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Tasera a Darfurian child “I want peace and education”


By: Eman Eltigani

Nyala, South Darfur, May 2014-Recently, Geert Cappelaere, UNICEF Representative in Sudan urged all parties who are involved in armed conflict in Darfur to “listen to the voice of the children” and work to provide a safe environment for them. UNICEF responded to the emergency crisis by airlifting 89 tons of life-saving supplies for populations affected by the conflict throughout Sudan including Darfur.

Over 100,000 internal displaced persons (IDPs) in Kalma Camp have been trying their best to survive and forget atrocities and vicious attacks that led to their displacement. Now the recent arrival of 18, 000 new IDPs has constrained resources and services. Of particular concern is the education of newly arriving children. In response to the current crisis, The Schools Coordinator in Kalma Camp, Abdalla Ahmed Hassan said that the teachers will not take their break as they have to respond to the needs of newly arriving students who missed school in their villages.

UNICEF and its partners are aware of the psychosocial situation of the children who recently became displaced and the need to make the school an attractive environment for them. The education supplies contain most of the materials needed for students to complete their academic year. Also included were some recreation kits which will provide the students with a safe space to play. The recreation kits include basketball net, football, colour pencils and skipping rope for all students to enjoy their times during the class breaks.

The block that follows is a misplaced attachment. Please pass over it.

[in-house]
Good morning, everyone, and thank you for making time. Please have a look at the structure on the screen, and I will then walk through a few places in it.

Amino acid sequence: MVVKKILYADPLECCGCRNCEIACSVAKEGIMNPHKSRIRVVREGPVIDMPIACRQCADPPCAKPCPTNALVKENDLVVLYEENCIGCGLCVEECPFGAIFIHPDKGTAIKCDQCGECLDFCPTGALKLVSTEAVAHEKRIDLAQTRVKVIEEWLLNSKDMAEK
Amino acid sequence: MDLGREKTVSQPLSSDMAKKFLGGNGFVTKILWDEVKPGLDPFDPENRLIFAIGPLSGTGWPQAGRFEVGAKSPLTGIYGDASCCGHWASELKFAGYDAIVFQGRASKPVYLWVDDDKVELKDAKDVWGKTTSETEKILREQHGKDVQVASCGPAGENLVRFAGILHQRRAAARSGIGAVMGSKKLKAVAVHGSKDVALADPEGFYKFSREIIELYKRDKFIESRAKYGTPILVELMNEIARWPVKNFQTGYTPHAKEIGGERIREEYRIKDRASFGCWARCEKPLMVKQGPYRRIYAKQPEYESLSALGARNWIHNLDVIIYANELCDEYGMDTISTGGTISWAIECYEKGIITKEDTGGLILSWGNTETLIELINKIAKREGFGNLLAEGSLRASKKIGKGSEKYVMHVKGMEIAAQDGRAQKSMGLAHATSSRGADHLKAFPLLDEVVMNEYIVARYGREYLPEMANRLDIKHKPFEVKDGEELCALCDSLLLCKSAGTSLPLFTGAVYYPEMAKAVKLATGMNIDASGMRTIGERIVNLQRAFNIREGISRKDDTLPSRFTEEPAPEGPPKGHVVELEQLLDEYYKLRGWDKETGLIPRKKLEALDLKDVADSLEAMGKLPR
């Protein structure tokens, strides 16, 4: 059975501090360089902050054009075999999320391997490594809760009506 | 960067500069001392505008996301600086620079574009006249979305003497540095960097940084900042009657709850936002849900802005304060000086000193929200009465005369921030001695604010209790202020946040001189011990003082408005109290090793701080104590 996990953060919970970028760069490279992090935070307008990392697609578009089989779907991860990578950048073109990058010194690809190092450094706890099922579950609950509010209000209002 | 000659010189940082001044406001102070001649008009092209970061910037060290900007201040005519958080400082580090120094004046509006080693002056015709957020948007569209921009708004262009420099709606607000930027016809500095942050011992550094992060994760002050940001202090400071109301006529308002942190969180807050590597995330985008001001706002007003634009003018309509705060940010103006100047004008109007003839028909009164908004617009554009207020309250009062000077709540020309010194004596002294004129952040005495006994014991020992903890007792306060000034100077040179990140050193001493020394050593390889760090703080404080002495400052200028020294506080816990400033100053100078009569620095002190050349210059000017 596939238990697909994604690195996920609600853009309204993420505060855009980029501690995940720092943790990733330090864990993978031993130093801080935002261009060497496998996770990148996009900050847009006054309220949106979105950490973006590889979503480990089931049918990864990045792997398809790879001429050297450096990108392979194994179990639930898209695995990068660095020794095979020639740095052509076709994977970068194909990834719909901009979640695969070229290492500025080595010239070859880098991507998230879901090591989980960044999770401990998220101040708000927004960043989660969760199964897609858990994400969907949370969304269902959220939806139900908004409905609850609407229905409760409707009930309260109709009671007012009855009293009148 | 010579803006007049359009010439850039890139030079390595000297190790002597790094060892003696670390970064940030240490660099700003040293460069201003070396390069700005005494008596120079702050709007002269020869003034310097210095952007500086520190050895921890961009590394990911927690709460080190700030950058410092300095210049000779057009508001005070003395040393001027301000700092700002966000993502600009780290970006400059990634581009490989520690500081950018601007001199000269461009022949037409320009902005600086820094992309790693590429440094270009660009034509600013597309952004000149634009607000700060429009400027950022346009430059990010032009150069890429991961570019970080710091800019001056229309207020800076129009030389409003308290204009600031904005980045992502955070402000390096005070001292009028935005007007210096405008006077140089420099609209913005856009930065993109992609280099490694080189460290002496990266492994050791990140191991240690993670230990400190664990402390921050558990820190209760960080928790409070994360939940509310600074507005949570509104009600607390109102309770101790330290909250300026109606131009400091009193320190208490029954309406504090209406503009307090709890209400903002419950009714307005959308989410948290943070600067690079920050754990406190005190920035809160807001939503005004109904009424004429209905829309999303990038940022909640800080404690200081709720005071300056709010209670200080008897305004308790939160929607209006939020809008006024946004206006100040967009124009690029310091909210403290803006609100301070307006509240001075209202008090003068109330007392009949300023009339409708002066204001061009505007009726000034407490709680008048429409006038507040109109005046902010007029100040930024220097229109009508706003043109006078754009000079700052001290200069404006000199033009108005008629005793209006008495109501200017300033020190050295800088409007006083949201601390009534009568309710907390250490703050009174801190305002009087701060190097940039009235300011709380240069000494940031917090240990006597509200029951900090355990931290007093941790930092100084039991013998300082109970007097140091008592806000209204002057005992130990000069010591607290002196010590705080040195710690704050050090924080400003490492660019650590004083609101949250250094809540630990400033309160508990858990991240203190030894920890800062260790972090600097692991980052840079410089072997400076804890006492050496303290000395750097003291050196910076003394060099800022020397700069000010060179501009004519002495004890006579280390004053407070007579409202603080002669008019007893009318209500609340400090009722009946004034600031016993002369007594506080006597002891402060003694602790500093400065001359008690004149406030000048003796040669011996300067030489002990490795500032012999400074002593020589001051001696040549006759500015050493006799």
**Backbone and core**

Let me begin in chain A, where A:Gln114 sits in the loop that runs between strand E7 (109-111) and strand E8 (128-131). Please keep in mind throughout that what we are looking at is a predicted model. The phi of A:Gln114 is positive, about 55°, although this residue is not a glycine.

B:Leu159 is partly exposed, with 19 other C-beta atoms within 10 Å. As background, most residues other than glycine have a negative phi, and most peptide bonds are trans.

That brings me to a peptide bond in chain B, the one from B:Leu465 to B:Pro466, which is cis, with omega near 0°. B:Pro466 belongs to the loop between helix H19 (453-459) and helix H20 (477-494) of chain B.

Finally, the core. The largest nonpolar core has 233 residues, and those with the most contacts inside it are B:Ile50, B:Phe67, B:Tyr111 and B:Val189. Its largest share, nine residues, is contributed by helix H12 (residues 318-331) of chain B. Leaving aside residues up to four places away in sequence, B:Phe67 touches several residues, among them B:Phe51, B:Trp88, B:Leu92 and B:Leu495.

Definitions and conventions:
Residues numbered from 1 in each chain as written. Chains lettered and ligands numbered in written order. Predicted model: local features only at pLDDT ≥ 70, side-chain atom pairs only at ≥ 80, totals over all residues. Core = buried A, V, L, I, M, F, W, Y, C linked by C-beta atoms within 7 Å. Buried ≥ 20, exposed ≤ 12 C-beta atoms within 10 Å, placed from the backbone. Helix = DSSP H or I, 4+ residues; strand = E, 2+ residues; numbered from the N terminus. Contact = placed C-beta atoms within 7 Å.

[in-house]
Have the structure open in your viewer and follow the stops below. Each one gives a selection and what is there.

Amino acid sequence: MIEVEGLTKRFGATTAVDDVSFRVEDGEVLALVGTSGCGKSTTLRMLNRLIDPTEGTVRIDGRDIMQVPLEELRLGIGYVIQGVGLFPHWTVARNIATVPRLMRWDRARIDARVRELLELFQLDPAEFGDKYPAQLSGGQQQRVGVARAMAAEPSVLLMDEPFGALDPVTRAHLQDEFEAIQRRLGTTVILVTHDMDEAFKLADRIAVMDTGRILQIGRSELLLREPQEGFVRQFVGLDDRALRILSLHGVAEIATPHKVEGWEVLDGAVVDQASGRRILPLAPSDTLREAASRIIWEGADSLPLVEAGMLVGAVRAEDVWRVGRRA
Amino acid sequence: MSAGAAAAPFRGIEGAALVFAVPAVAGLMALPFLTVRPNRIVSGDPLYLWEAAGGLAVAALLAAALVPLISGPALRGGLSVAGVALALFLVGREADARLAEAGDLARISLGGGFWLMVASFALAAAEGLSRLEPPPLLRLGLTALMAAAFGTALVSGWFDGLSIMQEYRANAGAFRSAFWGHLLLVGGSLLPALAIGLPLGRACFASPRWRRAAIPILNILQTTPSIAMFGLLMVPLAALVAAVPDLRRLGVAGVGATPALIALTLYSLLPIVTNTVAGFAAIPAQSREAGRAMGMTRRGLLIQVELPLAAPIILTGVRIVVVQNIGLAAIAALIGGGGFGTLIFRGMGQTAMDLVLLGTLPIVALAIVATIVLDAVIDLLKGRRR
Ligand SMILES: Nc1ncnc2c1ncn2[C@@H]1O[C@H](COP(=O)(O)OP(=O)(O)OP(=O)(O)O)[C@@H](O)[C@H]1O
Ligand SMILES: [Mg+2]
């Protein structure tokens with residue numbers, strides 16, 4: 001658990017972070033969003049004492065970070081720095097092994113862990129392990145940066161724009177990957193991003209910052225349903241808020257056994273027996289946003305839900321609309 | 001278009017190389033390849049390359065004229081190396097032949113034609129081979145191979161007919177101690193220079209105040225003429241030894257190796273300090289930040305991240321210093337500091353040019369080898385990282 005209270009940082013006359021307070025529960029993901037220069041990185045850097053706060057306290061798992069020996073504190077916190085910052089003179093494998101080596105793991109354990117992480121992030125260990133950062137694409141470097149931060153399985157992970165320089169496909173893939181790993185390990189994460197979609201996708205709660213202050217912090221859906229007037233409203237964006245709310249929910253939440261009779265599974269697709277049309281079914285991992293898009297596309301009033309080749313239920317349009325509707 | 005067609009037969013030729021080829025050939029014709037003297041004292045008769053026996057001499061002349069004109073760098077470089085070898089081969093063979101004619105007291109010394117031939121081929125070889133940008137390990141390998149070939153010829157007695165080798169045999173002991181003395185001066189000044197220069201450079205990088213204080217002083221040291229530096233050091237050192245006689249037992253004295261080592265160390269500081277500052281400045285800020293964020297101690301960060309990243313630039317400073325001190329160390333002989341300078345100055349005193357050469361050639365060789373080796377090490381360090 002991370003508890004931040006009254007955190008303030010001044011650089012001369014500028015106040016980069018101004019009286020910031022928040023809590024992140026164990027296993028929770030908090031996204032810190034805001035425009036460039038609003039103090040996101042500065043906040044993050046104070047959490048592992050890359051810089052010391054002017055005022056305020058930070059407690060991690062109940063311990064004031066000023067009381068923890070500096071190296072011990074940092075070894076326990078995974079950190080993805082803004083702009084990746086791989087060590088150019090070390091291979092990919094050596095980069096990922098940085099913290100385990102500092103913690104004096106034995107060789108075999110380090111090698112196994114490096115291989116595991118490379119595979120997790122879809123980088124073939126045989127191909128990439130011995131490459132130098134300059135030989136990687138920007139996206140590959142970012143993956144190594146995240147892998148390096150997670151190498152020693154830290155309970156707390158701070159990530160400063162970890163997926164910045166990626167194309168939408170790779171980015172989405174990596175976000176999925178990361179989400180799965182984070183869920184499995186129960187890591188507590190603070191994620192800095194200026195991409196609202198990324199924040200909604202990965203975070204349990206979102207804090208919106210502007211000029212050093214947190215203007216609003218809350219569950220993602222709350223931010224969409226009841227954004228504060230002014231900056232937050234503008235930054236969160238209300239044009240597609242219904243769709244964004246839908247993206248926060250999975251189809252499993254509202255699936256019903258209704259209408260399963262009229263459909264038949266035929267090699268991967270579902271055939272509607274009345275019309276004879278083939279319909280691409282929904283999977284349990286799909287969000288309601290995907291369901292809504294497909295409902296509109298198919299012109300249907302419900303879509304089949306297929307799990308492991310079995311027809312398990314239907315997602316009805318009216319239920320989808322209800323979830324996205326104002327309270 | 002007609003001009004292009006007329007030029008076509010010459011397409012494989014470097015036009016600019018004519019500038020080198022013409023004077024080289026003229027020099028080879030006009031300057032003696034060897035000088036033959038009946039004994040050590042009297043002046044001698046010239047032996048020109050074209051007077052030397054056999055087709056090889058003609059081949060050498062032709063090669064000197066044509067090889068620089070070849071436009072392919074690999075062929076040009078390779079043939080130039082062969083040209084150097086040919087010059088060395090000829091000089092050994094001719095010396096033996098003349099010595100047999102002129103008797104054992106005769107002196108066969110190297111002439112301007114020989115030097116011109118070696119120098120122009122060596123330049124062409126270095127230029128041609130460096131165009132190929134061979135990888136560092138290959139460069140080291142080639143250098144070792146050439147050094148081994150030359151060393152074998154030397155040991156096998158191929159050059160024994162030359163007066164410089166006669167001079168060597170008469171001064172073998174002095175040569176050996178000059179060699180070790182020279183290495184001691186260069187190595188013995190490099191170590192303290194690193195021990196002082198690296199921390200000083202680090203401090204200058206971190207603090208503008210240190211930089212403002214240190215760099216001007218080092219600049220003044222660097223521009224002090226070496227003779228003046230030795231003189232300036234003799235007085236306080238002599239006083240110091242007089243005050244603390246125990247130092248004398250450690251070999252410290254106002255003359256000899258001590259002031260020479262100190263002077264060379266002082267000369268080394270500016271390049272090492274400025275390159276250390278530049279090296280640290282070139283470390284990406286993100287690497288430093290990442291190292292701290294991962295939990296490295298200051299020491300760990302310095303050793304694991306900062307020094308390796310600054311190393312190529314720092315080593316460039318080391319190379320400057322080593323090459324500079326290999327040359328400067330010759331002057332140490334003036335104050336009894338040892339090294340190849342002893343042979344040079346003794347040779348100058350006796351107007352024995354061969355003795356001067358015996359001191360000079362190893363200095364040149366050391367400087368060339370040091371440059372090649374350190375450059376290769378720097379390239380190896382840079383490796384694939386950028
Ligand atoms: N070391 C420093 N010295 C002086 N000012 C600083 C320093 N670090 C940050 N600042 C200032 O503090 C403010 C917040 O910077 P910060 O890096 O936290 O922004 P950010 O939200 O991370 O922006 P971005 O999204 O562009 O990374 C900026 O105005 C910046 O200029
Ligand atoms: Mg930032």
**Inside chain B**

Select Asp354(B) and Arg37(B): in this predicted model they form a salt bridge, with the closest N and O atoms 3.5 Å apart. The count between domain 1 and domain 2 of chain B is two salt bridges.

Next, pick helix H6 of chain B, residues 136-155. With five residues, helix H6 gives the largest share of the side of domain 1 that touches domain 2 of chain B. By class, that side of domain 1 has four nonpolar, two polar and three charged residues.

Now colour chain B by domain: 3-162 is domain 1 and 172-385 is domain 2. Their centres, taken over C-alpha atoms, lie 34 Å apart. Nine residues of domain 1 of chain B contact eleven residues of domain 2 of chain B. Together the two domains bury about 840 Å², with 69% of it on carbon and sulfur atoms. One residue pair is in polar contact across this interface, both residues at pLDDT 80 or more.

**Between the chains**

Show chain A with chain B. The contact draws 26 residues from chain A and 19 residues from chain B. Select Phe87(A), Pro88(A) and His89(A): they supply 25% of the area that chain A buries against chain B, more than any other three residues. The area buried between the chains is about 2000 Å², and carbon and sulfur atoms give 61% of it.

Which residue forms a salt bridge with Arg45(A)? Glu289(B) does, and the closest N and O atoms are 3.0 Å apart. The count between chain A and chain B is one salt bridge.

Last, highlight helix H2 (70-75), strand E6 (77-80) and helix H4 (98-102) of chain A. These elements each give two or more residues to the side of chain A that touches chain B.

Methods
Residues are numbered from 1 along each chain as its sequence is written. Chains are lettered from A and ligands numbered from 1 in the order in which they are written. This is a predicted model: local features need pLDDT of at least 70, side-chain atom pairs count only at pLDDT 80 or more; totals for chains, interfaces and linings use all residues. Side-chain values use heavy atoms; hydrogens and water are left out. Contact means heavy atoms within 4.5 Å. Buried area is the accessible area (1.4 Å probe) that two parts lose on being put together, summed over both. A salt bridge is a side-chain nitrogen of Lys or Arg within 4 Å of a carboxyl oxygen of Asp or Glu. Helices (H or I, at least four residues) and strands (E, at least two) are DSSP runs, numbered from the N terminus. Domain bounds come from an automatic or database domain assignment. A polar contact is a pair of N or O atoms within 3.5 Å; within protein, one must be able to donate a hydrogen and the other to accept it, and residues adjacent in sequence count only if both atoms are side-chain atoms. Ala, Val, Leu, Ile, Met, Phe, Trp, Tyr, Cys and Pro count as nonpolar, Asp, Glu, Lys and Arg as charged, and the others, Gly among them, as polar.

Tasera Adam is an 8- year old girl became displaced from Um Gona in March with her mother and five siblings. She fled her village during the day around 11:00am when armed men driving a pickup attacked them. Tasera said “we were in the school when we heard the sound of explosion outside the school. The whole class was crying and the teacher asked us to run home and we left behind our bags and textbooks. When I reached home I found my mum collecting whatever she could so that we could leave our village”. Sitting on the plastic mat at Alsalam School in Kalma Camp she is trying to listen to the teacher and start a new class.

“we were in the school when we heard the sound of explosion outside the school. The whole class was crying and the teacher asked us to run home and we left behind our bags and textbooks. When I reached home I found my mum collecting whatever she could so that we could leave our village”

Tesera is one of the 7,881 students who recently displaced from Higir, Um Gona and Dowani with their families seeking refuge in the camps around South Darfur. Tesera is still feeling uncomfortable to be in the Camp and has yet to make friends with the girls at the school. She was sitting next Halima Hassan, a girl who was displaced from Higir after experiencing similar atrocities. Tesera said that “we are not friends and I never met her before, but I do not mind sitting next to her in the class”. Both girls are confused about their situation and their unknown future, but they are sharing the same experience of displacement.

The Head of UNICEF Office in South Darfur, Agostino Munyiri; Director of the Education at the MOF, Omer Altom, and Head of Emergency Education, Abdalla Ahmed distributed textbooks and coloured pencils to new arriving students at Kalma including Tesera. Agostino pledged to the students that UNICEF and its partners will make sure that students will continue their education. He also pledged to put in place water sanitation, latrines and child friendly spaces for the newly arriving IDPs children in the camp.

All the 80 students at Tesera’s class have a dream of leaving Kalma one day and becoming productive members of their community. They requested Agostino to convey a message to all donors and other humanitarian organisations. They said that that they need clothes, shelter, food, but above all security.

 

 
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